We met with two members of the ISBE, Jeffrey Aranowski and Hannah Rosenthal. Jeffrey is the executive director of the Safe and Healthy Climate initiative and Hannah is the principal consultant for the Office of Communications. We all sat around a long table, introduced ourselves, and then several students shared stories about clients affected by the issues we were addressing. Then, I spoke about challenges that transgender and non-binary youth face in school settings; particularly, those tied to bathroom access.

Jeffrey and Hannah asked questions throughout the meeting and appeared interested in the issue. They accepted our background materials and shared their contact information so we could all remain in touch. Each seemed willing to work continuously on policy related to the presentations by both me and Juan — he shared his proposal after me — and said they would follow up with us in the future.

What were you and your classmates thinking and feeling after the meeting?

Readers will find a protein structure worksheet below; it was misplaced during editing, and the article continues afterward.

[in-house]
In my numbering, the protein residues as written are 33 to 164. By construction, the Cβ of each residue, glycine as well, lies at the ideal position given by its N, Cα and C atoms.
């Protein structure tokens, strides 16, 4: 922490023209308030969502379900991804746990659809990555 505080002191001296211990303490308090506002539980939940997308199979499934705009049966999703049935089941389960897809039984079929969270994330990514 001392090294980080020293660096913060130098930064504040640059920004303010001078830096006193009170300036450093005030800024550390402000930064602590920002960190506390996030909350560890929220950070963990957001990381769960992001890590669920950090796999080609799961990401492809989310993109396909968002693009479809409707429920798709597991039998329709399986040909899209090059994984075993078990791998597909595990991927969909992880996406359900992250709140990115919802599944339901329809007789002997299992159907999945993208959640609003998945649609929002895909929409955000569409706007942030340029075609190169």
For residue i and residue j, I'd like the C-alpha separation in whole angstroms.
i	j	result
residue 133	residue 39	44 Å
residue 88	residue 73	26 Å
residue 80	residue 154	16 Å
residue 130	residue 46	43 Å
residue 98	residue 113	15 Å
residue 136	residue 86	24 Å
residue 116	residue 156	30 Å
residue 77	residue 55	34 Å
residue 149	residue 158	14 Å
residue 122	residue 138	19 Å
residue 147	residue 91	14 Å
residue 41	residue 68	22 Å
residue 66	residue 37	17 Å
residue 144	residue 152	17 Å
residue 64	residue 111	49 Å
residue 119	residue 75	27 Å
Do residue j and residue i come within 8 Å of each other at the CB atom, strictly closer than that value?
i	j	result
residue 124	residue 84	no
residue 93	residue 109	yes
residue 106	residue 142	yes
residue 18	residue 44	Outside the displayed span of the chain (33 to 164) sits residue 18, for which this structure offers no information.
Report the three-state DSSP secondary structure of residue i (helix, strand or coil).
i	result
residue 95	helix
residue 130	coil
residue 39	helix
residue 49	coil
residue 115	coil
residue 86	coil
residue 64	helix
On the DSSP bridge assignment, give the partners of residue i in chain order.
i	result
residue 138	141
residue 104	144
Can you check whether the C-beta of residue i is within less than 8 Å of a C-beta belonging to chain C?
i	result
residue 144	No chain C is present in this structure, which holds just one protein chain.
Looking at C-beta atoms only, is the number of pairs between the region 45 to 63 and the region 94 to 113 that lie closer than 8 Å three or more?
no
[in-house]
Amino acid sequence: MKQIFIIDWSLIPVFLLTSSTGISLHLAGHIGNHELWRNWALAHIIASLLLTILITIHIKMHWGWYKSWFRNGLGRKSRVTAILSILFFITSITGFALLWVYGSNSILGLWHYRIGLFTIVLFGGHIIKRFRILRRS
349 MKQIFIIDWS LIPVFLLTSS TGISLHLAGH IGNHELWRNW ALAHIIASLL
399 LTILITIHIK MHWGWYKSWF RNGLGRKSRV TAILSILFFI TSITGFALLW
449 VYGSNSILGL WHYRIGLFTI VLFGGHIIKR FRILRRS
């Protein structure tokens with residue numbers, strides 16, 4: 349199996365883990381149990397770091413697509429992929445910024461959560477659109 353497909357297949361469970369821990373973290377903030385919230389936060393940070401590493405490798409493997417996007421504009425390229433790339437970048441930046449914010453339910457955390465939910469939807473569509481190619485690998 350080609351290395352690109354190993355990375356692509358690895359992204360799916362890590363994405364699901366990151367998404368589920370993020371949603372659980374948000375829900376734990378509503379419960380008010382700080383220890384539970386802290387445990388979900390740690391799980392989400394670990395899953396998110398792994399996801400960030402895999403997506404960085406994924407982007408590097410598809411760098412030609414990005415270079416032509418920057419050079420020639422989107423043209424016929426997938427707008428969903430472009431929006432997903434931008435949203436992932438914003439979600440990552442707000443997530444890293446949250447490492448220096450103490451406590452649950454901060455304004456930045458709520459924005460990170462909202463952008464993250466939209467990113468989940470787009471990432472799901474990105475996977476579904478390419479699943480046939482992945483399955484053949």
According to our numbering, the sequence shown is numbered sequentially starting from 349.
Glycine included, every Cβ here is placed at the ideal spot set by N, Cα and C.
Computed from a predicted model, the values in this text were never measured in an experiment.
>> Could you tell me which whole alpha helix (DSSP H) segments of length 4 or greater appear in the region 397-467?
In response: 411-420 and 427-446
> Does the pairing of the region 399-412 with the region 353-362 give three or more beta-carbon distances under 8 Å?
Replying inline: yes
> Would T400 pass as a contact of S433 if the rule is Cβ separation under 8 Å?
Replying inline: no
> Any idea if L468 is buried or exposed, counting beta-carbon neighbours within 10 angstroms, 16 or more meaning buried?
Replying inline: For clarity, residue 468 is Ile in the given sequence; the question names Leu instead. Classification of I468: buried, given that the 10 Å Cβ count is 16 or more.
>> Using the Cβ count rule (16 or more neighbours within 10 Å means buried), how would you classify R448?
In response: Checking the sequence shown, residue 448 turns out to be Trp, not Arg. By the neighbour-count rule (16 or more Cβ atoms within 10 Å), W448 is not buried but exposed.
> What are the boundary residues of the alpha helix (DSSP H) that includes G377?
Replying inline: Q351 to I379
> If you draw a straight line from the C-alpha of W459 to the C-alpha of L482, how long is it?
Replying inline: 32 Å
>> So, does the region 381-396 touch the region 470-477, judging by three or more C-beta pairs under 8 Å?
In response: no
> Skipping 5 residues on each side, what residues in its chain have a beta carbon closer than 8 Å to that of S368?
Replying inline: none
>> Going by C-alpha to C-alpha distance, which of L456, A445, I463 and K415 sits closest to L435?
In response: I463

I felt honored for the opportunity to speak about an issue so dear to me, especially considering that my words could positively impact people’s lives. I became hopeful and excited at the prospect of continuing to work with the board on more inclusive policies; Jeffrey and Hannah seemed committed to conversations beyond the day’s meeting.

In my weeks spent preparing, I felt incredibly nervous to speak in front of the board. But afterward, I was overwhelmed with pride and a sense of accomplishment. The experience really made me think more about incorporating advocacy work into my future career.

What do you plan to do next with advocating for these issues?

Beyond remaining in touch with Jeffrey and Hannah, I plan to do everything I can to continue advocating for sexual and gender minority youth in school settings. I do not want to allow any related issues to be dismissed. My next practicum involves a school and I want to assess its policies to determine whether they warrant a conversation with administrators.

Is there anything else you’d like the Adler community to know about your efforts?

Don’t let fear hold you back from standing up for what you believe in! This was an incredible learning experience for me and I am so thankful. I was pushed to grow in a new and unfamiliar arena, and it’s one I may now consider as a cornerstone for my future career.